Shortly after thousands upon thousands of protesters gathered about 1 p.m.-  forming a sea of humanity at Queen’s Park – the seat of the Ontario government - the march began.

A group consisting of tattooed hipsters, seniors, families with children, labour leaders, community activists and people speaking out about issues in many other parts of the world, headed south on University Avenue toward Queen Street.

I soon witnessed a commotion starting on the traffic island – which police had fenced-off - in the middle of University Avenue.

From my vantage point all I could see was riot police in full gear swarming someone or something, first on the traffic island and then on the sidewalk and beyond.

Eye witnesses told me five police officers threw an old man, who had been walking along the traffic island, to the ground and had their knees on his back.

“There was no talking or anything,” one witness said. They just pounced on him and dragged him away. He was an old man carry a sign about saving our prison farms in Kingston.

Only a few minutes later, I witnessed what appeared to be a homeless man of about 35, on the top of a statute, on a monument for “Canadians who died defending the Empire in the South African War 1899-1902.”

Many in the crowd were taking his picture with their cell phones, as he stood barefoot on the head of the statute, during a drizzling rain. I couldn’t see how he could possibly avoid falling.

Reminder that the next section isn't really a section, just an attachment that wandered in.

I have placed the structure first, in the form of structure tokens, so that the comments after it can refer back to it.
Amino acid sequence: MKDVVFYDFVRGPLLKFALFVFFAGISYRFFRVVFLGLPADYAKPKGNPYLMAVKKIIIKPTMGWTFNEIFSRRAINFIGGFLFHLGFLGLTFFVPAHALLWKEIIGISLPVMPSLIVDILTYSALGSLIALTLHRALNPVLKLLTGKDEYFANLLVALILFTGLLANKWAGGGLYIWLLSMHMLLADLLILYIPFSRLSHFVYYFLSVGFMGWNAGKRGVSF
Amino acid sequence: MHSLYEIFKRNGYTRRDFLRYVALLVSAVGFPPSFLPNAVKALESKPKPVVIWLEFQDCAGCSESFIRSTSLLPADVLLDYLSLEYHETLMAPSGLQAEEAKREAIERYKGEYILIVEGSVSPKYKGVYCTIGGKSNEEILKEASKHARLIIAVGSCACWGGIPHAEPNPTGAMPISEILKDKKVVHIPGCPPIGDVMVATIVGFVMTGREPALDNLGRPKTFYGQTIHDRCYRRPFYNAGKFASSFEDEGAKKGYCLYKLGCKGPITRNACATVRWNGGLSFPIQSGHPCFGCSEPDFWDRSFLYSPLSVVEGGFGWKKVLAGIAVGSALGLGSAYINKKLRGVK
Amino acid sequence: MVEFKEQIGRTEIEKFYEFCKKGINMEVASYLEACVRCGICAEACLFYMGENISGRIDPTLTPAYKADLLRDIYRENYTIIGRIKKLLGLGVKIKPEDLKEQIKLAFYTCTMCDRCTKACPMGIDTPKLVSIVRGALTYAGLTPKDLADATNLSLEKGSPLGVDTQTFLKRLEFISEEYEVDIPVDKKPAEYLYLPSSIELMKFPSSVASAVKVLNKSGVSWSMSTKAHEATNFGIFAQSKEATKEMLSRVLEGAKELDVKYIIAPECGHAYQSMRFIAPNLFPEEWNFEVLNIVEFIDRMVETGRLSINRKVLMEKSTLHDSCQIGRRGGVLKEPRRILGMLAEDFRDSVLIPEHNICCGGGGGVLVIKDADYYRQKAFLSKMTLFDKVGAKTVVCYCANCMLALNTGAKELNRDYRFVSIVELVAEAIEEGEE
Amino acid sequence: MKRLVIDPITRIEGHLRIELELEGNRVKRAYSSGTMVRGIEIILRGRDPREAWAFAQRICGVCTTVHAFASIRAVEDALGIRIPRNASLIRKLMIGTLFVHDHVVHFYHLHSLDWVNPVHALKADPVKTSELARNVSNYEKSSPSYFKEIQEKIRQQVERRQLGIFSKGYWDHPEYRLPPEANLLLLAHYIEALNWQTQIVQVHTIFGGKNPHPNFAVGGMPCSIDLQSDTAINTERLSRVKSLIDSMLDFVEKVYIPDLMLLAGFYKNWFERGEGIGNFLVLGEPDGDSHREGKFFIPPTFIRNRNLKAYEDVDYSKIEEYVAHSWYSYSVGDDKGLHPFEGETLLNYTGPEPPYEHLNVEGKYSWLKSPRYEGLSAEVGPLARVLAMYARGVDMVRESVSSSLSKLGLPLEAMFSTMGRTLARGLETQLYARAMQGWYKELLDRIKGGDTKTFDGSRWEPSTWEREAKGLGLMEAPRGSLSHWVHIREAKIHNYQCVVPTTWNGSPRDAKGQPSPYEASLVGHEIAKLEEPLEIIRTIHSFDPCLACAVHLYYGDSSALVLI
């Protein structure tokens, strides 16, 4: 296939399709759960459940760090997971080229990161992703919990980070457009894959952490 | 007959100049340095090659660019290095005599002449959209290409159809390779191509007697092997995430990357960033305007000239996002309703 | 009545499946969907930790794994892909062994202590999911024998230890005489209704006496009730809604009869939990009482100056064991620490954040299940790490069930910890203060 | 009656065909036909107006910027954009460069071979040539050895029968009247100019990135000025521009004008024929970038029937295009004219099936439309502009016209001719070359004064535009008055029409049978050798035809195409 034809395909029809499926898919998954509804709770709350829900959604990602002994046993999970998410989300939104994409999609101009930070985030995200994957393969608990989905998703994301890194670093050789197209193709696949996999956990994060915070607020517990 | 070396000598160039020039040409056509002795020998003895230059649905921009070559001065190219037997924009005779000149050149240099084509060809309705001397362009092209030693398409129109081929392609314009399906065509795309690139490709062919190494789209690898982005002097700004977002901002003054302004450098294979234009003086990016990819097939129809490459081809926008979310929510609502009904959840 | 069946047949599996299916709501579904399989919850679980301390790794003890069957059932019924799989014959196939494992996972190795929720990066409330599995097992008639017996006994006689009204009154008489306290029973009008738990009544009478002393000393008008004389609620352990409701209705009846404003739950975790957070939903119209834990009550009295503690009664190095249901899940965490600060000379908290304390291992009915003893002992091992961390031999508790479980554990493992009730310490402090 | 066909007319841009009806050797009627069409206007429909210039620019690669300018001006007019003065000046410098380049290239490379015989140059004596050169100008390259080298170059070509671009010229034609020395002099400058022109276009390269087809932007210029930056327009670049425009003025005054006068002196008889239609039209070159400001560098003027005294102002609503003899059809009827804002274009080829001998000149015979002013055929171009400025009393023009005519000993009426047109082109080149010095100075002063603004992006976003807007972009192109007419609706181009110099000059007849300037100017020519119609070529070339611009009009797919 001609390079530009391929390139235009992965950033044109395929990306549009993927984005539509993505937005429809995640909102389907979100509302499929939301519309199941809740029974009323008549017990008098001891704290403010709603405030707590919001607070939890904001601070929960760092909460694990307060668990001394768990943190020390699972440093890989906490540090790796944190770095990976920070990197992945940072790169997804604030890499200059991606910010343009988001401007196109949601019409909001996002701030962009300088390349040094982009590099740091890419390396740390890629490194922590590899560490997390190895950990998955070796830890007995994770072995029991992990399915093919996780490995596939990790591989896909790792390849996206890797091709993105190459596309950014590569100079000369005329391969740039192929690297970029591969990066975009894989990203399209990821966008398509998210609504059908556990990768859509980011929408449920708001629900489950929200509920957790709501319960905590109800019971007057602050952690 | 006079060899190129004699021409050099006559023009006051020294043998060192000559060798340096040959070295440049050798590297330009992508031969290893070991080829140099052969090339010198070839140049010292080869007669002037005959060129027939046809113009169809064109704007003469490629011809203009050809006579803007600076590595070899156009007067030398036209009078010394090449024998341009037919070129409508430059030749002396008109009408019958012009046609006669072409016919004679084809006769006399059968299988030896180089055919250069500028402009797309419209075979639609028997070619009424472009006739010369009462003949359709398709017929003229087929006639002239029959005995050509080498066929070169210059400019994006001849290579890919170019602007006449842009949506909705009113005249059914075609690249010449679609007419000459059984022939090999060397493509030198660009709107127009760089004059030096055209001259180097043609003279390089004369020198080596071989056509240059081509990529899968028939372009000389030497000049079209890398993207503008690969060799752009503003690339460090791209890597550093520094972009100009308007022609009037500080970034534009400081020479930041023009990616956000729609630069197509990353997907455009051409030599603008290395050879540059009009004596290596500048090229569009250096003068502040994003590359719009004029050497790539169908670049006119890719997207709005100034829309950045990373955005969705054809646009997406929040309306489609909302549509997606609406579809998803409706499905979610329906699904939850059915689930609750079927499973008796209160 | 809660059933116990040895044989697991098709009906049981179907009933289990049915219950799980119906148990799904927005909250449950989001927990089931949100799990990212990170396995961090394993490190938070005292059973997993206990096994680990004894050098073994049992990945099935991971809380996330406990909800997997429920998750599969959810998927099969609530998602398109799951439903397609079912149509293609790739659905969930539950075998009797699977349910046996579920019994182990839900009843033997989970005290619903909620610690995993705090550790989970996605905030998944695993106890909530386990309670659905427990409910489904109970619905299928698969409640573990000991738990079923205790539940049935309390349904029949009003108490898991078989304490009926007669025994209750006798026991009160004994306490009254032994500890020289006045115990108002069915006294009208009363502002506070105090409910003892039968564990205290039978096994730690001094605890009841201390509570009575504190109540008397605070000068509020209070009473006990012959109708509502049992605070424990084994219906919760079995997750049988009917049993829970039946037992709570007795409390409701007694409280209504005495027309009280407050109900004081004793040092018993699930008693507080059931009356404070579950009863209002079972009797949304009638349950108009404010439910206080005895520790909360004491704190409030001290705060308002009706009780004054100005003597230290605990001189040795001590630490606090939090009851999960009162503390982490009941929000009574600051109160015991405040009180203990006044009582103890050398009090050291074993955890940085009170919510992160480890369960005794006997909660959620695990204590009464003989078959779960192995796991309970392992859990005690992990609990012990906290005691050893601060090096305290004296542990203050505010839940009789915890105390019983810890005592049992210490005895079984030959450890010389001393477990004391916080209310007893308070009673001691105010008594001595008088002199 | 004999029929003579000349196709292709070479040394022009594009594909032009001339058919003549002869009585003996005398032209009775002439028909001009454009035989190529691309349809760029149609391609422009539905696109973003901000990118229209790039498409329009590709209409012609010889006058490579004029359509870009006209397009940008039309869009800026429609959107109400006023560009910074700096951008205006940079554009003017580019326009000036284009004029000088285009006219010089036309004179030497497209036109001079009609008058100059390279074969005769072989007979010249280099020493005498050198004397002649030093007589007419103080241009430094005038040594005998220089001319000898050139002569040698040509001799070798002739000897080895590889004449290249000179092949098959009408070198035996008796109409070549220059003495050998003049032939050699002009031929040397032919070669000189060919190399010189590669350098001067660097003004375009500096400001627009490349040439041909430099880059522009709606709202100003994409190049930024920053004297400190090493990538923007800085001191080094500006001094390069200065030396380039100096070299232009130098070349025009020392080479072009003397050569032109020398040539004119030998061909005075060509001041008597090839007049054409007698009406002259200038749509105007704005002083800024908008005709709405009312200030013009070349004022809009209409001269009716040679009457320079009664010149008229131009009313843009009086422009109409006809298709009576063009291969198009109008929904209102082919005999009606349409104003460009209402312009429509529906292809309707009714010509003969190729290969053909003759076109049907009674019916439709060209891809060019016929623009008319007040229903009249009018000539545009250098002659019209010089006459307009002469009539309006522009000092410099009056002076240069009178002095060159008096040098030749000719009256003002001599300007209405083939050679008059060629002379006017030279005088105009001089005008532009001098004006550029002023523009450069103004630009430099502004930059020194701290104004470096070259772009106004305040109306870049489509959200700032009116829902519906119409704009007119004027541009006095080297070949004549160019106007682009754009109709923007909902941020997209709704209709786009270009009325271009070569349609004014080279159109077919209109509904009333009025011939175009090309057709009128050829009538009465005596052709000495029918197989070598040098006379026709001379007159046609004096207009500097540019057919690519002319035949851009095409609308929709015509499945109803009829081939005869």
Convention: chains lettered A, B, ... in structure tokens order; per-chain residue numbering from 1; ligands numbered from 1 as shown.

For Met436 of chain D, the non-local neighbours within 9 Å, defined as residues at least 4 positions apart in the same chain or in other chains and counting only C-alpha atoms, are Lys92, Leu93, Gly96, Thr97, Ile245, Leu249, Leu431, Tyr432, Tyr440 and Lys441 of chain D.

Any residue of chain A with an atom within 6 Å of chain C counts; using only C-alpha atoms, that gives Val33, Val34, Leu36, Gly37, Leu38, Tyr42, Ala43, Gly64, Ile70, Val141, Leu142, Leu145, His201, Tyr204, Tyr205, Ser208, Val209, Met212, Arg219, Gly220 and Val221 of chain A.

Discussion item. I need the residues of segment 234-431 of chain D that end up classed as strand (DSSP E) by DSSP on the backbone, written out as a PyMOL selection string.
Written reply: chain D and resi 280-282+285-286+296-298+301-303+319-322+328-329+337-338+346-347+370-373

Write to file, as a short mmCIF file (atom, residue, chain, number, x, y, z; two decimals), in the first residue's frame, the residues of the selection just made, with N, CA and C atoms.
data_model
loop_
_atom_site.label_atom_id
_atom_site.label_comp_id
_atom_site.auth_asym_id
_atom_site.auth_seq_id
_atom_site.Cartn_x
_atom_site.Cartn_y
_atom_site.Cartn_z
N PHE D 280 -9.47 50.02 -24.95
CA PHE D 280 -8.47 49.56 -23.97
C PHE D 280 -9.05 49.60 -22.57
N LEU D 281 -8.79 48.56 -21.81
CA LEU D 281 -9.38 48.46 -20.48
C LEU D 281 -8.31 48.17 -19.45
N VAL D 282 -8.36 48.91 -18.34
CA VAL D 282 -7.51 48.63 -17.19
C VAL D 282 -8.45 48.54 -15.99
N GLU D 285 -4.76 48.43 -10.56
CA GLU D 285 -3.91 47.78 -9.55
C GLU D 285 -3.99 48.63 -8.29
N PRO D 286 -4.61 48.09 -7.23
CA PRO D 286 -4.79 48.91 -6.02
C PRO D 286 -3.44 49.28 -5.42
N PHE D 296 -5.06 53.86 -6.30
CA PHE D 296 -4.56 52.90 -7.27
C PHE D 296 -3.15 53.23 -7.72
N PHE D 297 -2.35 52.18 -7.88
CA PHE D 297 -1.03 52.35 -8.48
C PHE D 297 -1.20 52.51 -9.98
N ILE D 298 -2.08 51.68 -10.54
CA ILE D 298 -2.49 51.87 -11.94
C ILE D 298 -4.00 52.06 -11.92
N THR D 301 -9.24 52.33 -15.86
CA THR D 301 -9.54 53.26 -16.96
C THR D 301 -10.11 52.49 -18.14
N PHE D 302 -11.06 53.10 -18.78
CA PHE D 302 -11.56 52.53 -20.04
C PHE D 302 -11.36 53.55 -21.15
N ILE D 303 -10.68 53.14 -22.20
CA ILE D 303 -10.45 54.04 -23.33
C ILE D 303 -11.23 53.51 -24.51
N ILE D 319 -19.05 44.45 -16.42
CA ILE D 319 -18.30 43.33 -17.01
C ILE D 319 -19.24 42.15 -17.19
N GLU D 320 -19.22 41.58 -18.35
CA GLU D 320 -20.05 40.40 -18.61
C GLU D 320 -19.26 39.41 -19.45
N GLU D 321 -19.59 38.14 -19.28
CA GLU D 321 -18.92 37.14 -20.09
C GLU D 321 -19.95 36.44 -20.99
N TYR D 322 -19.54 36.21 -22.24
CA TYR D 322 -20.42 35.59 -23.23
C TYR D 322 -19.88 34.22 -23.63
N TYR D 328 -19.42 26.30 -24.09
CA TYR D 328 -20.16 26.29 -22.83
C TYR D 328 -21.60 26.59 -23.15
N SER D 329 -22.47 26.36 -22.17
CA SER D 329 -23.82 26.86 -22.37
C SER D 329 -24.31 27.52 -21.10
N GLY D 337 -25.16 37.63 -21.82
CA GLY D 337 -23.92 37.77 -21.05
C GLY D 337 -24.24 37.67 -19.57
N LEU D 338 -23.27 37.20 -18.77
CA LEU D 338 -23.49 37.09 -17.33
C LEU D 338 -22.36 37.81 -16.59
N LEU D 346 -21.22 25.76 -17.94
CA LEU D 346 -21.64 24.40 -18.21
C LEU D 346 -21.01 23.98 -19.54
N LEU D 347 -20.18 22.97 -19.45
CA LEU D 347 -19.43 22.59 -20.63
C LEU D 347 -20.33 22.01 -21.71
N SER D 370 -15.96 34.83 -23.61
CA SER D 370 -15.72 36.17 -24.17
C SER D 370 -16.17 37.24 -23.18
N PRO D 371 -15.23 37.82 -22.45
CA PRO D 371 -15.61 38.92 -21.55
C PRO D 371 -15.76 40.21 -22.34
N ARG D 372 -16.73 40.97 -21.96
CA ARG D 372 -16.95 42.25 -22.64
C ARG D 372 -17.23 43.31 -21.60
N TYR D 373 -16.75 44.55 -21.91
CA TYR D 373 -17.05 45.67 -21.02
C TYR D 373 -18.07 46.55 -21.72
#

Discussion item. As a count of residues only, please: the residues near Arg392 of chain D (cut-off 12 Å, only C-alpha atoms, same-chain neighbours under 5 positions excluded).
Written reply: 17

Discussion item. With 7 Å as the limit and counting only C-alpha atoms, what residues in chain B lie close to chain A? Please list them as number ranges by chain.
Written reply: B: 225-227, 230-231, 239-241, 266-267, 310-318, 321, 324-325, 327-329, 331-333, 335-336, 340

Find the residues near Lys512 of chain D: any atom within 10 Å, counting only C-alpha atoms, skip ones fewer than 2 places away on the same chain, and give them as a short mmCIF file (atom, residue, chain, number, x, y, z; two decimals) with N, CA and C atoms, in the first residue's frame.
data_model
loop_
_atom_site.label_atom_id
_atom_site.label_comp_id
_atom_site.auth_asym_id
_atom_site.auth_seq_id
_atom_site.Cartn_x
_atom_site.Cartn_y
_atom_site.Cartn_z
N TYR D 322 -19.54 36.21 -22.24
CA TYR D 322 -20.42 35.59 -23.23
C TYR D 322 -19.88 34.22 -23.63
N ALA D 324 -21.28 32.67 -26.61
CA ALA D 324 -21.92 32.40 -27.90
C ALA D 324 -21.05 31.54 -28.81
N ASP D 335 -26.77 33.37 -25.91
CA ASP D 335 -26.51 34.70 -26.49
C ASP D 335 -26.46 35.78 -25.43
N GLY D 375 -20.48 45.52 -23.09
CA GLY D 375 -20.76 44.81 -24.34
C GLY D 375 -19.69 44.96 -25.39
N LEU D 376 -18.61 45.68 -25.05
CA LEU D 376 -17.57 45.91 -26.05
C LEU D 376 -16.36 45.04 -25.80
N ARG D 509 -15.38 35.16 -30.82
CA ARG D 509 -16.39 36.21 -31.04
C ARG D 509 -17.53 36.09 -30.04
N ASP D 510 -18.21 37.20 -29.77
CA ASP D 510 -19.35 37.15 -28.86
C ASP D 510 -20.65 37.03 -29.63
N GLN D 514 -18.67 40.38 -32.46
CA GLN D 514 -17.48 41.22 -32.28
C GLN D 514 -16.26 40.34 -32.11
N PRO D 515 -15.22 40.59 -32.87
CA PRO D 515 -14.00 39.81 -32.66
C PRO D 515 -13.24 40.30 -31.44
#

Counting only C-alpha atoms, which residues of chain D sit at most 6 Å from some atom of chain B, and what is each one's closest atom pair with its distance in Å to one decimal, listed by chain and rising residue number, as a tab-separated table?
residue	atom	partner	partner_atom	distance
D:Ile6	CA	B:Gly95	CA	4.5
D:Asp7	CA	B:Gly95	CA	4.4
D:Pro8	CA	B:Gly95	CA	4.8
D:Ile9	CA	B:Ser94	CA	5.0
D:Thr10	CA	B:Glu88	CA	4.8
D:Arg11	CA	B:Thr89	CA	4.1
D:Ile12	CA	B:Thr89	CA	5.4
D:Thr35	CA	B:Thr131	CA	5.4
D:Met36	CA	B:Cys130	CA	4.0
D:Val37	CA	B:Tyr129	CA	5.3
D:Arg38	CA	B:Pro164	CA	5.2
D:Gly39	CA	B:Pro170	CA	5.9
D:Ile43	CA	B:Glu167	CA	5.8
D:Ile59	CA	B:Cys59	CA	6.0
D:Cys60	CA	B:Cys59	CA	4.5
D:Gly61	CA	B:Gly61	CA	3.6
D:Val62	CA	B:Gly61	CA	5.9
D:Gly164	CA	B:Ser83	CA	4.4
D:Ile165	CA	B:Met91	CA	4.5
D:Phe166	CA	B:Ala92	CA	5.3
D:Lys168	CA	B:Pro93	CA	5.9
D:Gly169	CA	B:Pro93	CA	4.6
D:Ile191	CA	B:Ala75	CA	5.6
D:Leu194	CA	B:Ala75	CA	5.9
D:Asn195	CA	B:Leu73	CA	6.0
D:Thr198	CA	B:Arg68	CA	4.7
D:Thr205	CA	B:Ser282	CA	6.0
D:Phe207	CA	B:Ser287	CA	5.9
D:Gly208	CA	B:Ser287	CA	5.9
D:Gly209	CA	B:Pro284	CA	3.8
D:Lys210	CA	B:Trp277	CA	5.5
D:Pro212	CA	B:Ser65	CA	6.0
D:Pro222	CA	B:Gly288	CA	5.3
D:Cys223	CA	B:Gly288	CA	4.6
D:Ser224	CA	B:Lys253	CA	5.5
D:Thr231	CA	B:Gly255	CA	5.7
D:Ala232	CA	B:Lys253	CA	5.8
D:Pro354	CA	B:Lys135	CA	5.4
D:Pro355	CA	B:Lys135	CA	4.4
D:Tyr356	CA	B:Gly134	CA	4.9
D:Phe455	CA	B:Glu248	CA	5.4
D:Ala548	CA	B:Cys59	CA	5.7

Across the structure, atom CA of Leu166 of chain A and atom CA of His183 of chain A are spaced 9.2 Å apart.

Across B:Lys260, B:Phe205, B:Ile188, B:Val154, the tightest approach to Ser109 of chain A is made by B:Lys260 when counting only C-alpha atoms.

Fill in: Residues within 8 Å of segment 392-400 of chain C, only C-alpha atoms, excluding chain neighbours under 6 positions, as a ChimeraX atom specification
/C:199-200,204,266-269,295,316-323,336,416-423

Many people passed carrying signs supporting or protesting a wide variety of issues as I stood on the sidewalk, on University Ave. 

“Canada Condemns the Repression in Ethiopia”, 

“Amnesty International”,

“One in Seven Women in Niger Die in Childbirth”,

“Tibet for Tibetans – Shame on China”, 

“Tamils want Justice”, “Expose Bilderberg”,

were among the many signs I saw.

In the middle of University Ave., I met a woman from “Movement Defence” - a group of volunteer lawyers who were helping people who got arrested.

Subsequently, another young woman I met – Rachel Small – said she was just a concerned Canadian who told me that 60% of the mining companies in the world had their headquarters in Canada – an issue she felt should concern all Canadians.

We all invest in them through Canada Pension Plan, whether we know it or not. There are no laws in Canada to take them to court for what they do overseas. The U.S. has a law for this – The U.S. Alien Torts Law.

Following the marchers around the corner, going west on Queen Street, I met another concerned Canadian, Hanna Hadikin, from Nelson, B.C.

After spending two weeks in Gaza, in March 2009, she formed a group called “End the Occupation.”

“We soon had three or four dozen members. It was heartbreaking seeing the photos and hearing the stories. The only thing they asked me was ‘Please don’t let the world forget us.’ Their feeling was that the International community is not doing enough to help them.”

As the marchers proceeded along Queen Street, row upon row of police officers stood shoulder to shoulder blocking all the streets leading south toward the Toronto Metro Convention Centre, where the G20 leaders were meeting.

At the intersection of Spadina and Queen, police and TTC streetcars blocked the marchers from going any farther west.